gmhTODAY Fall 2021 October-December 2021 - Page 28

Rebuilding Community :

Garlic Leads the Way

by Jordan Rosenfeld and Mike Sanchez / Photos by Tony Scotino

Living in Gilroy , or just passing through , the sweet and sometimes powerful smell hits you like a warm blanket , or ton of bricks , depending on your tolerance . For locals , garlic in the air defines home — a small tight knit community where everyone knows everyone . Here volunteerism and supporting local non-profit organizations to make the community better is simply a way of life . That sweet smelling bulb represents and provides for that way of life .

Garlic is food . Garlic is flavor . Garlic is sustenance .
While the love of garlic may not be unanimous , it is profound . In Gilroy , garlic is the “ spice of life .” Each year , hundreds of thousands of festivalgoers agree , as evidenced by their pilgrimage to the little town at the edge of Silicon Valley to celebrate the “ stinking rose .”
Since 1979 garlic has been center stage and the backbone of the community . When Don Christopher , Rudy Malone , and Val Filice joined forces to host the first Gilroy Garlic Festival , they had a vision to leverage the love of garlic to give back to the community by supporting Gilroy ’ s non-profit sector . In the years since , the annual festival has donated over 12 million dollars to local organizations . During that time Christopher Ranch — now in its third generation of leadership — has become the nation ’ s leader in garlic production .
The Christopher name is synonymous with philanthropy . Gilroy ’ s second high school , which bears the family name , was built upon land they donated . From annual scholarships for graduating high school seniors and grants to local non-profits , to donating countless tons of garlic products to community organizations , Don Christopher has established a family legacy of generous giving and community support . It ’ s a legacy that his grandson , Ken Christopher , executive vice president of Christopher Ranch , is proud to carry on .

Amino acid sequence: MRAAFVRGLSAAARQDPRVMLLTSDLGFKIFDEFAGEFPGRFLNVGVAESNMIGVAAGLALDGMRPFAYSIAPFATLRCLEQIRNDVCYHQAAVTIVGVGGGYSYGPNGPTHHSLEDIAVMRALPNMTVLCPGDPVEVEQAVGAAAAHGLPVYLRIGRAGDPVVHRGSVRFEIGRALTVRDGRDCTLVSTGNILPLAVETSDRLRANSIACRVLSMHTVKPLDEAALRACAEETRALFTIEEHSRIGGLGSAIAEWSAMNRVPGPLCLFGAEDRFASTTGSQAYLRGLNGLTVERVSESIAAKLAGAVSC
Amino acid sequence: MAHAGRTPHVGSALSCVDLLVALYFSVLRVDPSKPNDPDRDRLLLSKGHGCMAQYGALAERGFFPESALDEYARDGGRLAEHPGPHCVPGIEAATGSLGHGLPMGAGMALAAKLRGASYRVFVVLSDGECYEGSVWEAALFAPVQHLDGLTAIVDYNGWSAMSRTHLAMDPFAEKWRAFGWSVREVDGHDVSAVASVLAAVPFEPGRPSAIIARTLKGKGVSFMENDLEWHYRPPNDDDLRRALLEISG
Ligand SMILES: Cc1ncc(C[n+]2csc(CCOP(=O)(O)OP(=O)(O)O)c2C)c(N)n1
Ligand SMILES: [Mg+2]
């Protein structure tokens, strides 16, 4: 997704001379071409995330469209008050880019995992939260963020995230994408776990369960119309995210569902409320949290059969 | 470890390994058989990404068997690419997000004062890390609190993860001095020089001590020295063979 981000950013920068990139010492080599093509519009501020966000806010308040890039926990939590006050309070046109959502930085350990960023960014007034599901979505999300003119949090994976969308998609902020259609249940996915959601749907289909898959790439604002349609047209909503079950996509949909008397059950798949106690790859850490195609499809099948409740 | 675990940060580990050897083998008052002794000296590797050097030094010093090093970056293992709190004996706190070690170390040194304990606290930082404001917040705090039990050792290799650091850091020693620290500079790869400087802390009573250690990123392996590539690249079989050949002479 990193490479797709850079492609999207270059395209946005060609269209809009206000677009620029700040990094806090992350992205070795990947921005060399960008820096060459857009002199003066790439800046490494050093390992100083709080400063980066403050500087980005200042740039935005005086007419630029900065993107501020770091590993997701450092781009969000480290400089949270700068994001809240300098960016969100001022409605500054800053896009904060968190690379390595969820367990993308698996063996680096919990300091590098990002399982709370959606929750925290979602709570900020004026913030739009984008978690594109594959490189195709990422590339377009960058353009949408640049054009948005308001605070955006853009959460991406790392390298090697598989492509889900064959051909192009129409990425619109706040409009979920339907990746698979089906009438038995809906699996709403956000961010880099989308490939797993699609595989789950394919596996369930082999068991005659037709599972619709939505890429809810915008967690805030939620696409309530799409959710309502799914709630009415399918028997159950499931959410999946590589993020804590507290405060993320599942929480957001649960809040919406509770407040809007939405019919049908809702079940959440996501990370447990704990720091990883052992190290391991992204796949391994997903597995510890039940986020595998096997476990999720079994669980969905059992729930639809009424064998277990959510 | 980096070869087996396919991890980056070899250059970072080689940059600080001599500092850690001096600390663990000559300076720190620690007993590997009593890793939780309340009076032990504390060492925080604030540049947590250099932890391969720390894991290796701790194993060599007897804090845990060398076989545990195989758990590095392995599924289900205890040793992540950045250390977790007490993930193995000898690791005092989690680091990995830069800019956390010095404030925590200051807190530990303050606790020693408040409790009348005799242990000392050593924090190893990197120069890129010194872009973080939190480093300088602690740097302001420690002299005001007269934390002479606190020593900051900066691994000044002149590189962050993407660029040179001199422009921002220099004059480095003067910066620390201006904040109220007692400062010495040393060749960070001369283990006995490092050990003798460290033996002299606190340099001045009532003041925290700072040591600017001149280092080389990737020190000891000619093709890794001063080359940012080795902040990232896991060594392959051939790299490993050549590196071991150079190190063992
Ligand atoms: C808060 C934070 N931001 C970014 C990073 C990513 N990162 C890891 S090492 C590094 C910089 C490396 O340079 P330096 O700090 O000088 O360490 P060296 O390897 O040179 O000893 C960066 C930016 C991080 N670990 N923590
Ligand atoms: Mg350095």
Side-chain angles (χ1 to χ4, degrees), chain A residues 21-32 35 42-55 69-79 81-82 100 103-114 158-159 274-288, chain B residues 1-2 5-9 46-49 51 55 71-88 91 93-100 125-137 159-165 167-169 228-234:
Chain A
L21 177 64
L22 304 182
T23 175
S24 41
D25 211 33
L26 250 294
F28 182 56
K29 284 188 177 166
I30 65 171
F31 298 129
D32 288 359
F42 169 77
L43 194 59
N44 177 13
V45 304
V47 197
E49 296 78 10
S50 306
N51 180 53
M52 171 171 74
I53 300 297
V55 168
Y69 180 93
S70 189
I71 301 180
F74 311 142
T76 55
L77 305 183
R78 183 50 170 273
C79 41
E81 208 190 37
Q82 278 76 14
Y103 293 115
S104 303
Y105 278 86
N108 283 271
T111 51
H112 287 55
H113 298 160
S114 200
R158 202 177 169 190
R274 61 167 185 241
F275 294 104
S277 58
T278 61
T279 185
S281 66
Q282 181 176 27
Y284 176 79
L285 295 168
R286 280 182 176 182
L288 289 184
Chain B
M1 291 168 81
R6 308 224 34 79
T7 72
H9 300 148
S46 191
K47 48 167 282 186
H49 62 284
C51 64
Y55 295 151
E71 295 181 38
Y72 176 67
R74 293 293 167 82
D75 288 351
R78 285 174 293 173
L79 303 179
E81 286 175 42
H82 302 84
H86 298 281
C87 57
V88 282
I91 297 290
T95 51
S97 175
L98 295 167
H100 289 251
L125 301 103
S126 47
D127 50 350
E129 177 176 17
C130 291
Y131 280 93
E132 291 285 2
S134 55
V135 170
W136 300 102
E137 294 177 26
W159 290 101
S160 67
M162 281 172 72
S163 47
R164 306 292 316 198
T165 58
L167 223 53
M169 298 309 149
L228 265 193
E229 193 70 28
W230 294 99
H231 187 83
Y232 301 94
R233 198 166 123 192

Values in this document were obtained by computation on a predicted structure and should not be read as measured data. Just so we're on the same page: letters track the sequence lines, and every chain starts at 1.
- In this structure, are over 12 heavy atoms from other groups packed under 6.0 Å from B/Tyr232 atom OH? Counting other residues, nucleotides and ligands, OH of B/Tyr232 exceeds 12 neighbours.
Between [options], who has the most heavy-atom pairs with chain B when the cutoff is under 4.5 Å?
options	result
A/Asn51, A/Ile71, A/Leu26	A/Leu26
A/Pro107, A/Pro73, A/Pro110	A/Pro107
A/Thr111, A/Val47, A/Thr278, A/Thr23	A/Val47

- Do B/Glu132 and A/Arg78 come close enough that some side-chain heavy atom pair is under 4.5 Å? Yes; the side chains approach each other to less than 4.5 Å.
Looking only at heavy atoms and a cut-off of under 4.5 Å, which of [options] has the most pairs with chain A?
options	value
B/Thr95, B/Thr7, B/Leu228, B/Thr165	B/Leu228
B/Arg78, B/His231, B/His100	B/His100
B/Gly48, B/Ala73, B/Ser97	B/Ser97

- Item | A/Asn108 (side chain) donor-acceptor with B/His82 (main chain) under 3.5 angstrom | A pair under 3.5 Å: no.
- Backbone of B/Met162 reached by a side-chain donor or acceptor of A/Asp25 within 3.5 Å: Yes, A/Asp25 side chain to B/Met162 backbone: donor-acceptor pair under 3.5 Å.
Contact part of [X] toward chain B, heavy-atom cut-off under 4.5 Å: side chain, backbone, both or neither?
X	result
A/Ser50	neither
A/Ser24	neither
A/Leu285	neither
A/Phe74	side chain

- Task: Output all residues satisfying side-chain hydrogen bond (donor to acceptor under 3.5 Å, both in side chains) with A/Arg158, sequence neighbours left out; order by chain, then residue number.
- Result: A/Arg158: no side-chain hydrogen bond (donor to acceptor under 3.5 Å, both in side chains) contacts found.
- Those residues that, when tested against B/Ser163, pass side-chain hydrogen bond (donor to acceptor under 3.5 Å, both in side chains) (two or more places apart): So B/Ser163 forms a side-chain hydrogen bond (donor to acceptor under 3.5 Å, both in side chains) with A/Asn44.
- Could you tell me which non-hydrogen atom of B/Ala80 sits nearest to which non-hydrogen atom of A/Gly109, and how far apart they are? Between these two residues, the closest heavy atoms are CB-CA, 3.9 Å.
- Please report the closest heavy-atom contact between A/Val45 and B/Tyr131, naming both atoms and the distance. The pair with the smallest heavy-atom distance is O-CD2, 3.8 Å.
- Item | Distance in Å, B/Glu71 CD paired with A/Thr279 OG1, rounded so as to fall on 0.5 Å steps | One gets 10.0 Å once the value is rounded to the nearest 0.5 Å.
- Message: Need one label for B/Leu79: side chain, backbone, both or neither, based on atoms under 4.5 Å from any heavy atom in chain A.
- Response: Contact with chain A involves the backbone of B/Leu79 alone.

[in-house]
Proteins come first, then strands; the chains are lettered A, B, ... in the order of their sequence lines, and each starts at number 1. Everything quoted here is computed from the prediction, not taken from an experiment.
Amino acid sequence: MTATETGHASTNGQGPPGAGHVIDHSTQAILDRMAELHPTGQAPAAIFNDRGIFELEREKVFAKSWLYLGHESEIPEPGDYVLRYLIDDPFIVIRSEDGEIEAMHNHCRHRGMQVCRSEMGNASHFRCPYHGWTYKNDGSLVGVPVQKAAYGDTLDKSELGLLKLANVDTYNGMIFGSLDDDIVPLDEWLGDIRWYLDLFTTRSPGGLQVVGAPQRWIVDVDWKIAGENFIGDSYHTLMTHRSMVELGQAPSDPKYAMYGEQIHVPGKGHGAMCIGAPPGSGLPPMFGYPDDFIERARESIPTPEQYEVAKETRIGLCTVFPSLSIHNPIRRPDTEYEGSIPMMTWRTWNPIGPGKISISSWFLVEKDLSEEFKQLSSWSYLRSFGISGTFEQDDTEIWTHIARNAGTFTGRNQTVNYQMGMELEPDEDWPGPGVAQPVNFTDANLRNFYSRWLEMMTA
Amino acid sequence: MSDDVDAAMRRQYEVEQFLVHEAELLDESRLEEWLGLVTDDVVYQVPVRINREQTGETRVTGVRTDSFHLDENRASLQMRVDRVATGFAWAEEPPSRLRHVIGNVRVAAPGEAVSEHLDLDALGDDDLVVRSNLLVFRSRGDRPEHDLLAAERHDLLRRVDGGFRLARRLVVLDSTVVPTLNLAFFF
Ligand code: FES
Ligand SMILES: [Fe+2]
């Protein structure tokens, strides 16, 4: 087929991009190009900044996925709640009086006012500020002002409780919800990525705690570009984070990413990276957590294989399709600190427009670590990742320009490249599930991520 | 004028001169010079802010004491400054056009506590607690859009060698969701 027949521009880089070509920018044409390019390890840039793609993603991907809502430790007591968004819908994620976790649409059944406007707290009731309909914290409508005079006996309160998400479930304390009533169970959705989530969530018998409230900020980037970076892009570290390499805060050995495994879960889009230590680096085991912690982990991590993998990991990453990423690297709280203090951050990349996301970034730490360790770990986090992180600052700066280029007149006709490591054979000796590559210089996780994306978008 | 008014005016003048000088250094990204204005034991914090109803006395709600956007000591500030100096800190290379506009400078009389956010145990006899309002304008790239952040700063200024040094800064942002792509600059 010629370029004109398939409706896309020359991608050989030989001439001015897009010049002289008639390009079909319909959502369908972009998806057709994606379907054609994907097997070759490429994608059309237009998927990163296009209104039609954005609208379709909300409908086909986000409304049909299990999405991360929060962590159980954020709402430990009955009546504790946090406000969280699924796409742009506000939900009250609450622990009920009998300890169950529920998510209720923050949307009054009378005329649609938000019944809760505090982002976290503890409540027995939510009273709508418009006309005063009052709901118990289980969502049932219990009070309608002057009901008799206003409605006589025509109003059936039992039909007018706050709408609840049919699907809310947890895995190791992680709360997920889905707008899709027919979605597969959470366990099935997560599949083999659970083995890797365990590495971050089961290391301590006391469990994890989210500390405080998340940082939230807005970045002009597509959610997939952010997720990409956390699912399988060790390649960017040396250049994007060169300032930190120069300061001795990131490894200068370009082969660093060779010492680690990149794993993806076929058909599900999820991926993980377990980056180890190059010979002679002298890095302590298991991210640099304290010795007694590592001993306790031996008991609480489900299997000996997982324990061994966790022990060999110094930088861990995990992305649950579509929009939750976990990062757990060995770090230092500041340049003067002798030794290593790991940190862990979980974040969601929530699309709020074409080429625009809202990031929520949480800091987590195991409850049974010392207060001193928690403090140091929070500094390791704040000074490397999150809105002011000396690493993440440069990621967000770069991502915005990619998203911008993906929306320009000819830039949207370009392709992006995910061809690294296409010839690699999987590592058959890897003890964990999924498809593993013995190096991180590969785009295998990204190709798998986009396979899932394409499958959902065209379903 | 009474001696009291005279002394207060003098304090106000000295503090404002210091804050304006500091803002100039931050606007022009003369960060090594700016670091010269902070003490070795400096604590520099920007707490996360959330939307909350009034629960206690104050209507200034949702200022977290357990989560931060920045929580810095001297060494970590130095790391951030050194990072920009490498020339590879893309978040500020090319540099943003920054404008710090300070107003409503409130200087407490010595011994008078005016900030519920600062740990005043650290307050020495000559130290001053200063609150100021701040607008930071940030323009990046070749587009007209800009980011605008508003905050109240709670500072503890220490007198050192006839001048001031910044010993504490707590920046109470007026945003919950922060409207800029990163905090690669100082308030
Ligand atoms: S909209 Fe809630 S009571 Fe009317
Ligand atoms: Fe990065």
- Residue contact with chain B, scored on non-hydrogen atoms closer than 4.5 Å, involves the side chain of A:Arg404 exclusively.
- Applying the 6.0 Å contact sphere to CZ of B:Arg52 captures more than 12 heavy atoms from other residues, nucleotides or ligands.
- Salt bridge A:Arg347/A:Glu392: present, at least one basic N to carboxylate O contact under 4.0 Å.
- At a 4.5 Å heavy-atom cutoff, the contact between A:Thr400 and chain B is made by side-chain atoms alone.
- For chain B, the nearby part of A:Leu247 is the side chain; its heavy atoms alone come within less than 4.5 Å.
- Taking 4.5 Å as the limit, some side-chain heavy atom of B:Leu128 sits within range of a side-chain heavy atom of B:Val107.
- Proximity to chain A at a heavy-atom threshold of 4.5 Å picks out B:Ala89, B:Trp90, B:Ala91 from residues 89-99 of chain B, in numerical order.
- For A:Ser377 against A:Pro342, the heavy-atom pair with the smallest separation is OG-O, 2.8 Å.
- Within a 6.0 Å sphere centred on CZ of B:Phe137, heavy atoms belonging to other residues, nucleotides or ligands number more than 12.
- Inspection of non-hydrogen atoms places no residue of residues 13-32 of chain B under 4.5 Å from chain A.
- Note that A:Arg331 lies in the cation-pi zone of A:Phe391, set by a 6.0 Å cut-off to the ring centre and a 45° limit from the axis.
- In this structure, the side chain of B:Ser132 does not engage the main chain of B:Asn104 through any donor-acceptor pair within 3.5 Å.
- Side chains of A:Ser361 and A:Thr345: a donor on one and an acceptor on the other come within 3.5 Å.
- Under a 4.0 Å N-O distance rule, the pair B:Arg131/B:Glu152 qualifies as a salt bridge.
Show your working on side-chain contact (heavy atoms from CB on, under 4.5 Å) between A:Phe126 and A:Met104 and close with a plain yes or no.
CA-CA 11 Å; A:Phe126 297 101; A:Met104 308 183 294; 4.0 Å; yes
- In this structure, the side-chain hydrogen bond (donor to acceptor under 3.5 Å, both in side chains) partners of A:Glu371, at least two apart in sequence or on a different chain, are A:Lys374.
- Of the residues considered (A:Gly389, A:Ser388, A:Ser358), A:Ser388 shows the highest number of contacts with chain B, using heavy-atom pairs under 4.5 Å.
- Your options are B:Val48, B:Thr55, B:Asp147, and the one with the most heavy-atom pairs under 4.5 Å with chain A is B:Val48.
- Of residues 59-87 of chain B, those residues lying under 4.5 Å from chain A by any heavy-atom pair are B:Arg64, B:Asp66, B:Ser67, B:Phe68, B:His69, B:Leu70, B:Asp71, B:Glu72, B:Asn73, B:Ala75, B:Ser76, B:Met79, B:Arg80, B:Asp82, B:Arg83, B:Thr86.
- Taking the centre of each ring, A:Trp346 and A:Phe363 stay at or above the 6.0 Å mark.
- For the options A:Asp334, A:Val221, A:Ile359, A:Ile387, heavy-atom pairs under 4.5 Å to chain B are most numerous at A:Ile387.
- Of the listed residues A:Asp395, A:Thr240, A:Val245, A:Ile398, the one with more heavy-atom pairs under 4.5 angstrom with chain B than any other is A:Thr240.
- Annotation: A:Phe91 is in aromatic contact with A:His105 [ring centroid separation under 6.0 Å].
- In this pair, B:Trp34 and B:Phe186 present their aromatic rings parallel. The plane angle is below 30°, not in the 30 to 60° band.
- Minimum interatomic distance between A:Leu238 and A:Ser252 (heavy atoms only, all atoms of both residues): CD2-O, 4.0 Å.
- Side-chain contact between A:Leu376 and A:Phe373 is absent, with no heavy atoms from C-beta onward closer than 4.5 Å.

After facing tragedy in 2019 , and the global pandemic and economic shutdown in 2020 , the Garlic Festival Association pivoted in 2021 , making a noble comeback by creating a drive-thru Gourmet Alley over two weekends . The effort was successful in keeping the festival alive in the hearts of a grateful community . While hope remains high for a full festival comeback in the future , a void exists for many non-profit organizations who no longer can raise much needed funds through volunteering at the festival .
Ken feels the loss of the festival in recent years profoundly . In the festival ’ s absence , he and his team have strived to fill the gaps in the best way they know how — by showing up for the community .
They began with a Summer of Garlic event , launched this summer at Christopher High . “ Over forty volunteers came out to offer Gilroy Garlic Festival style food for all of the graduates ,” Christopher said . “ Being able to give these kids that have had the worst year one almost normal day , where they can enjoy all the flavors of the community , was amazing .” In addition , they offered every volunteer who participated in the event $ 250 to direct toward a local non-profit organization of their choosing . Over 15 local organizations benefitted from six-thousand dollars donated from the one-day event .
Then , feeling empathy for what children suffered in their lost year-plus of school , he had “ a wild idea ” to make
28 FALL 2021 gmhTODAY Magazine gmhtoday . com